The Problem with Payback


As a commercial solar development firm exclusively focused on corporate clients, one of the most frequent questions we at PowerFlex hear from prospective clients is “what’s my payback?”. For many of our clients who opt for third-party owned arrangements such as Solar Leases or Solar Power Purchase Agreements (PPA’s), the answer to the payback question is “immediate” since there is no required capital investment (despite the immediate monthly cash savings). For businesses considering the benefits of directly owning a solar system (and fully capturing the project’s available economic benefits), the answer can be more nuanced.Payback, at its most simple level, is short-hand for “when do I get all of my money back”. While payback is easy to explain, and easy to calculate, it suffers from several critical flaws that, in our opinion, greatly reduce the relevance of payback when businesses are analyzing the financial merits of “going solar”.

Key Flaws of Using Payback for Commercial Solar Project Analysis:

1. Payback ignores the useful life of the investment. For example, a 2-year payback from a lighting retrofit project with an expected asset life of 5-years is a totally different proposition than a 3-year payback from a solar photovoltaic system with a 30+ year useful life. For many projects, expected asset life periods are similar, and therefore this flaw with “payback” is less impactful, however, solar photovoltaic systems are almost uniquely long-lived, with a design life well in excess of 30 years (as demonstrated by existing commercial installations that are older than this and still producing electricity in the field today).

2. Payback ignores the risk level associated with an investment. All investments have specific risks associated with them - essentially what is the likelihood that the investment will generate the anticipated returns. For solar projects, we believe the associated risk is quite low, something akin to the risk assumed by an investor when purchasing high-grade corporate bonds. Solar project economic returns are highly predictable and stable; the technology is proven & durable, our ability to accurately forecast a system’s electricity generation is excellent, and the operational complexity of the system is minimal (i.e. no fuel required, no moving parts at all, simple to operate and monitor). As a consequence, a 5-year payback on a solar project may be a significantly better investment than a similar payback on a new piece of equipment if that return associated with the equipment’s use is predicated on future revenue growth or requires ongoing maintenance, etc.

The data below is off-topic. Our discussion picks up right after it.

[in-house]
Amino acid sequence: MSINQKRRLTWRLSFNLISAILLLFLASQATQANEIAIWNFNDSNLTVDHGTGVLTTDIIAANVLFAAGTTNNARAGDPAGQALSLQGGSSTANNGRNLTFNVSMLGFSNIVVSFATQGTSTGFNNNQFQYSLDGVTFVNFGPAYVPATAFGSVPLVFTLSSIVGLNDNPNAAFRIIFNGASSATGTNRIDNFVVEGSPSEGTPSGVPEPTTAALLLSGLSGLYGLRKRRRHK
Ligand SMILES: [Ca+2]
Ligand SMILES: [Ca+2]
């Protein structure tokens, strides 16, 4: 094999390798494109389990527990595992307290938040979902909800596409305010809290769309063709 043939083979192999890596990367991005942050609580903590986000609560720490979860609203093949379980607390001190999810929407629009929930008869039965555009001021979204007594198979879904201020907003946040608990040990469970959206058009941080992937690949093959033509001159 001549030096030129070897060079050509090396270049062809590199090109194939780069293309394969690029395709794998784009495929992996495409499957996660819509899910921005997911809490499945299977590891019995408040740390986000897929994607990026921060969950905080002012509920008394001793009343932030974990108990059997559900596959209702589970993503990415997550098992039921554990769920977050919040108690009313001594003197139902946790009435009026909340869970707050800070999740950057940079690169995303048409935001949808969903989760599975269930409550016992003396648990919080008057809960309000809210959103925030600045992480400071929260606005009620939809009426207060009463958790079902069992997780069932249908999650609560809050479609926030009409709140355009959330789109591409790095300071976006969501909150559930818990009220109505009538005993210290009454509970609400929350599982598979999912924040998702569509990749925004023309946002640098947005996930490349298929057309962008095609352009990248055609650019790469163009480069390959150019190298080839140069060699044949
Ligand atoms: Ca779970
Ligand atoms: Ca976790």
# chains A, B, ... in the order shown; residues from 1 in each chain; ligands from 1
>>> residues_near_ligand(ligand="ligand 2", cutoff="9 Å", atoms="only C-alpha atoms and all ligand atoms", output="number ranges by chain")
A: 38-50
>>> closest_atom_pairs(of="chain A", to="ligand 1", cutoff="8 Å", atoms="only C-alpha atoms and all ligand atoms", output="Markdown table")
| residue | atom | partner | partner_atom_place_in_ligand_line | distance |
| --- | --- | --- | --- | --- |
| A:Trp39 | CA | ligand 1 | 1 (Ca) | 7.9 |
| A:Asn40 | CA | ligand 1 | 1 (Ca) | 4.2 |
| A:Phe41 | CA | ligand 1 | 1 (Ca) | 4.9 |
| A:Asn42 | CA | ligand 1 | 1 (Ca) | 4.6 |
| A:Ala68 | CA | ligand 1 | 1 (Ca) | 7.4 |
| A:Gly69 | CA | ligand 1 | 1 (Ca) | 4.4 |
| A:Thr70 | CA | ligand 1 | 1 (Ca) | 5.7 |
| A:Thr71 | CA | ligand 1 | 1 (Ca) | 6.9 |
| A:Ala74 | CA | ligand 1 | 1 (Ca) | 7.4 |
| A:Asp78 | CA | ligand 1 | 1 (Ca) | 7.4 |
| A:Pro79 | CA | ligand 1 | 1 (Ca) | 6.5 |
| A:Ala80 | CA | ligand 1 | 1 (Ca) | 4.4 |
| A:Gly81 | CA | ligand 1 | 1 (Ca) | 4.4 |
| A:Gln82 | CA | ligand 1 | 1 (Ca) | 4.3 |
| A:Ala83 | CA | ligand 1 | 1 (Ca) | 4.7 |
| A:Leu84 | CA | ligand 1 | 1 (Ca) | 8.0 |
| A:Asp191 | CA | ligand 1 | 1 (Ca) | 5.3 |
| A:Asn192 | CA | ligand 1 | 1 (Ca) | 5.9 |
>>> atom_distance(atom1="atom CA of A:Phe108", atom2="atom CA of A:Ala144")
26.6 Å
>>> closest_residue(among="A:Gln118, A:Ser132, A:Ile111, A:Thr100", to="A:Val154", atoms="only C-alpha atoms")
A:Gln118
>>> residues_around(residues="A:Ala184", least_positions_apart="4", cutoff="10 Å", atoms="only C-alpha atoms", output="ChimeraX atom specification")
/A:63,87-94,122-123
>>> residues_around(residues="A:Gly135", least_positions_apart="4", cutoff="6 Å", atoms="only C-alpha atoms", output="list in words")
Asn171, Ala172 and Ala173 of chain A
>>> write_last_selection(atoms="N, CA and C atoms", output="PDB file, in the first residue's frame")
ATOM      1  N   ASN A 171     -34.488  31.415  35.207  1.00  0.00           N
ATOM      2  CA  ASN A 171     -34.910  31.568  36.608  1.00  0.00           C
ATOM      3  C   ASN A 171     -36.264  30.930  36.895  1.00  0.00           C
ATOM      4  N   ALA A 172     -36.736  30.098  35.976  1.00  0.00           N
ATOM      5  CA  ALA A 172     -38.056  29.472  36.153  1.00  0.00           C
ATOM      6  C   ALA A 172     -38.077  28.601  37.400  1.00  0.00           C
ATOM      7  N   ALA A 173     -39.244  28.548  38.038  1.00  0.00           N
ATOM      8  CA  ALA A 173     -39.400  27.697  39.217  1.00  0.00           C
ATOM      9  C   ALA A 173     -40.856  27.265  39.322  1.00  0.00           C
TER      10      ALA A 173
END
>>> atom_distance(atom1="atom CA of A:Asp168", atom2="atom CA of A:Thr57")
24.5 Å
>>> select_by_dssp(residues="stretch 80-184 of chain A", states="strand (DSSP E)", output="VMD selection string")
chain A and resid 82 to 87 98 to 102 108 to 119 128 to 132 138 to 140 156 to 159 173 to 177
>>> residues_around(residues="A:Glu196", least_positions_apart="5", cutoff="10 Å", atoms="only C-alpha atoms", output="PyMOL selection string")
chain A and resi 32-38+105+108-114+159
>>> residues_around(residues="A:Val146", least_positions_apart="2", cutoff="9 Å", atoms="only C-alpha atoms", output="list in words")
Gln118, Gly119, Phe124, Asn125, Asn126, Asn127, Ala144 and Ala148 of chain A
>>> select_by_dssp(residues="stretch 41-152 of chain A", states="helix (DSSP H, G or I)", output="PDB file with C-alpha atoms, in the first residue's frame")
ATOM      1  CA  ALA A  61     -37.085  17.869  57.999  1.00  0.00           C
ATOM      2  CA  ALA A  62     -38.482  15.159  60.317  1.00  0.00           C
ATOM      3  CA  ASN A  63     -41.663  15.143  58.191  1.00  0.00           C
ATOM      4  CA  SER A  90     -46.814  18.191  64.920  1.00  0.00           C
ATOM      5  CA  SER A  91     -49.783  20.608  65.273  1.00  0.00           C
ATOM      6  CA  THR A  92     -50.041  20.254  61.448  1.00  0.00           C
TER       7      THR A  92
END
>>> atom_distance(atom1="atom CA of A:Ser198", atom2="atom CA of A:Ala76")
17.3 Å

3. Payback typically ignores tax consequences. Payback is almost always discussed on a pre-tax basis, as in “we will have a 5-year payback by investing $100K in a new energy efficient HVAC system that will save us $20K in electricity each year”. In reality, for corporate tax-paying entities, the bottom-line cash savings from reduced electricity expenses will be less than the aforementioned $20K, since the avoided electricity costs will also result in reduced tax-deductible expenses (i.e. the loss of a tax-benefit associated with the now eliminated electricity cost). In our view, businesses should assess and compare investment alternatives – including solar projects - on a fully-loaded, after-tax basis.

4. Payback engenders a false sense of comparability across investment alternatives. Many businesses establish firm rules for capital budgeting that dictate specific “acceptable” payback periods. For the reasons mentioned above, we believe this is an overly simplistic practice, and can result in sub-optimal capital investment/allocation decision-making.This is not to say that we at PowerFlex completely ignore “payback”, but rather that we view payback as one of several financial metrics that businesses must analyze and understand when assessing a potential solar project.

For most commercial projects, we rely more heavily on the project’s Internal Rate of Return (IRR), on both a pre-tax and after-tax basis, and most importantly, on the Net Present Value (NPV) of the project’s after-tax cash flow.

To learn more about how the financial benefits of solar can help your business, please contact PowerFlex.